American men, accustomed to exercising power for generations, are adrift in a liminal cultural space unlike any we have ever experienced.
I really wish I had better news for you, but who we are and how we got here is not a pretty story. And now, we are suspended, rudderless, between our long history of male privilege and newer more diverse masculinities emerging from decades of social and economic upheaval. For this generation of men, there will be no quick or easy way forward. It will take generations for us to free ourselves from what was done to us, by us, for us, and through us in the name of traditional American masculinity.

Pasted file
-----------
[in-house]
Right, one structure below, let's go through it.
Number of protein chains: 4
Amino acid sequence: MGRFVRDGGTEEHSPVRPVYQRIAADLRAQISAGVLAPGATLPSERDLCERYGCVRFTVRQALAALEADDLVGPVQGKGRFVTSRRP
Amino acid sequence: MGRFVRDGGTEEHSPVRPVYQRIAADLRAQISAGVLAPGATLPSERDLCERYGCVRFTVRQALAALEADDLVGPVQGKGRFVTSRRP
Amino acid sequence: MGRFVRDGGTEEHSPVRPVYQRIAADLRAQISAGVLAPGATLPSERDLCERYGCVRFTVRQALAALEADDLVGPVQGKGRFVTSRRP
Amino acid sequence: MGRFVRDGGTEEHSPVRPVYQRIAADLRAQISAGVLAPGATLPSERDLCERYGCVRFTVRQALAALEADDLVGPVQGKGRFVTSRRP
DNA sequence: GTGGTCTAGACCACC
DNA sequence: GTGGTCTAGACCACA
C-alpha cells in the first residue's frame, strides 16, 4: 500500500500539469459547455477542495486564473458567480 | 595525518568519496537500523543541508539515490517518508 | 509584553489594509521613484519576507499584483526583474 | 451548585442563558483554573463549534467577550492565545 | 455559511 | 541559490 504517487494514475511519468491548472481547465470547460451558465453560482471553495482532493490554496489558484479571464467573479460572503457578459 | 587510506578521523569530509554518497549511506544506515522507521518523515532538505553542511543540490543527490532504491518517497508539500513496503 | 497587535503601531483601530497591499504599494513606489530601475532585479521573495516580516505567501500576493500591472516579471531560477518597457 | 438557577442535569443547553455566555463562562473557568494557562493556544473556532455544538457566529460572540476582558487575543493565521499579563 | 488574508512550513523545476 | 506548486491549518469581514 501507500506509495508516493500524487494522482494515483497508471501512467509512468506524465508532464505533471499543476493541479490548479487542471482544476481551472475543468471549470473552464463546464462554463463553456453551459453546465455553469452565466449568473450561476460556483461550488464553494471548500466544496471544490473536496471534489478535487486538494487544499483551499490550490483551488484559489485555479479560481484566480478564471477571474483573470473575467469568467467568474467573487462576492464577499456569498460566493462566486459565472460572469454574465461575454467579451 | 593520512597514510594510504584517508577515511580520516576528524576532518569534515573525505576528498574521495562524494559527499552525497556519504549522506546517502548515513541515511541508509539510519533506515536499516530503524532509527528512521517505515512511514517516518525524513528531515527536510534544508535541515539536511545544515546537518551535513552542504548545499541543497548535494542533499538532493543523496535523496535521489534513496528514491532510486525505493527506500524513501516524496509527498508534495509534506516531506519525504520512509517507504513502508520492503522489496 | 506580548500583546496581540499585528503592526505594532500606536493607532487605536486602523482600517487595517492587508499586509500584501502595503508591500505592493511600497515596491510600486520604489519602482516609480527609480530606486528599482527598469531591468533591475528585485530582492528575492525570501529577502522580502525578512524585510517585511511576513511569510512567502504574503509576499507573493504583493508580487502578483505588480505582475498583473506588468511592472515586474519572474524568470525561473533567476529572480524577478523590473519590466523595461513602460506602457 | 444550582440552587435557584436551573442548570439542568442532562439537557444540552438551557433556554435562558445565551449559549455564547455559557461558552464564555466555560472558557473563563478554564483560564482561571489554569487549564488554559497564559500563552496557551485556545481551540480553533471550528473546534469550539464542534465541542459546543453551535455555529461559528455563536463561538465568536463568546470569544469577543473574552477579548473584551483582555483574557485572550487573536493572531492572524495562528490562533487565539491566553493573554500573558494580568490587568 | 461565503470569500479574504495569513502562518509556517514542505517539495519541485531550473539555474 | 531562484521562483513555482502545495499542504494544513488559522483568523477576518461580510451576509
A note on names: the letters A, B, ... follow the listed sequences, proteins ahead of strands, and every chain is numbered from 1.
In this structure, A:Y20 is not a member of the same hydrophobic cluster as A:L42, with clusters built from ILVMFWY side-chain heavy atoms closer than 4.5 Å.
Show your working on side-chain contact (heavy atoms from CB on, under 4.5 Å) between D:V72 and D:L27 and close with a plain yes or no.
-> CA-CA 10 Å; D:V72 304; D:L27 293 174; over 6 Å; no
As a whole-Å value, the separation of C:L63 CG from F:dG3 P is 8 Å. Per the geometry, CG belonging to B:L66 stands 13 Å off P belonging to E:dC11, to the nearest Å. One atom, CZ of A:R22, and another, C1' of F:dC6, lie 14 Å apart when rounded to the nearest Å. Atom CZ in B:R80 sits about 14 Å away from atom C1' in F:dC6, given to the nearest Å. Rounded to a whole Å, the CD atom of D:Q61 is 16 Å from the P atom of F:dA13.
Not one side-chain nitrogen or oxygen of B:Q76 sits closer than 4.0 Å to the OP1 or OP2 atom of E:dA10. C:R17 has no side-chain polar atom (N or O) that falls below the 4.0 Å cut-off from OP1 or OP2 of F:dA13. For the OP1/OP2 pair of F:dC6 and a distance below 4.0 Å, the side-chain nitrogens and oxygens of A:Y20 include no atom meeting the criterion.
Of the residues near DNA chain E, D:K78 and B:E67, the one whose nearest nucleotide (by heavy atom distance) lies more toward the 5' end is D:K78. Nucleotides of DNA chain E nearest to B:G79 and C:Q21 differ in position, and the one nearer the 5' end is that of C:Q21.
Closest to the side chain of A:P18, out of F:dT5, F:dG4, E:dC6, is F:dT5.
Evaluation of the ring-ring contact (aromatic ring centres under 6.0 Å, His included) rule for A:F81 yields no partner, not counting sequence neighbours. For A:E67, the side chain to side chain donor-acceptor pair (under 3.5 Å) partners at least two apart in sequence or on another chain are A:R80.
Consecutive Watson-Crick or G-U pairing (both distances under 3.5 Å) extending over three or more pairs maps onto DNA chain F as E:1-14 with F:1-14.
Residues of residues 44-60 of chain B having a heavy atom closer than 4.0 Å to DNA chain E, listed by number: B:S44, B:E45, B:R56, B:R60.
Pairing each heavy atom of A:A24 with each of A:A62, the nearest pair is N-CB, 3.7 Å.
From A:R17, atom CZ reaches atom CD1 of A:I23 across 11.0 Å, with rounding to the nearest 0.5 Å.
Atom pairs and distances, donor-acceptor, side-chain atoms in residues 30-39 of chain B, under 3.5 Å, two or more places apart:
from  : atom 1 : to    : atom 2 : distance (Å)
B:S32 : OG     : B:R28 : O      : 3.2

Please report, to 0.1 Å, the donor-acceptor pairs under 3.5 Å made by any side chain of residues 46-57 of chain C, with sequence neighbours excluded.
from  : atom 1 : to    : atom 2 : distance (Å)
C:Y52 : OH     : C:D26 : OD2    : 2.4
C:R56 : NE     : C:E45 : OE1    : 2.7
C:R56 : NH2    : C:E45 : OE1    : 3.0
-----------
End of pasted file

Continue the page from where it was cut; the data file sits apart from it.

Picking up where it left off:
And here’s the part where we all get uncomfortable. It’s the part where I talk about what’s dangerously wrong with American manhood. Put simply, it’s killing us. Which is why this conversation has to happen. If not for us, then for our sons and daughters.
Understand, I’m uncomfortable writing this. And if you’re a man, you’re likely uncomfortable reading it. But I can only offer you this. My condemnation of our culture of manhood is NOT a condemnation of men. I do however, hold us responsible for the damaging culture of manhood we have created if we fail to create something better. And regardless of whether we fight it or not, we had better learn to deal with our discomfort, because in this time of huge change, being uncomfortable is likely going to be par for the course for men for the rest of our natural lives, and how we process our cultural anxiety will impact our families for generations to come.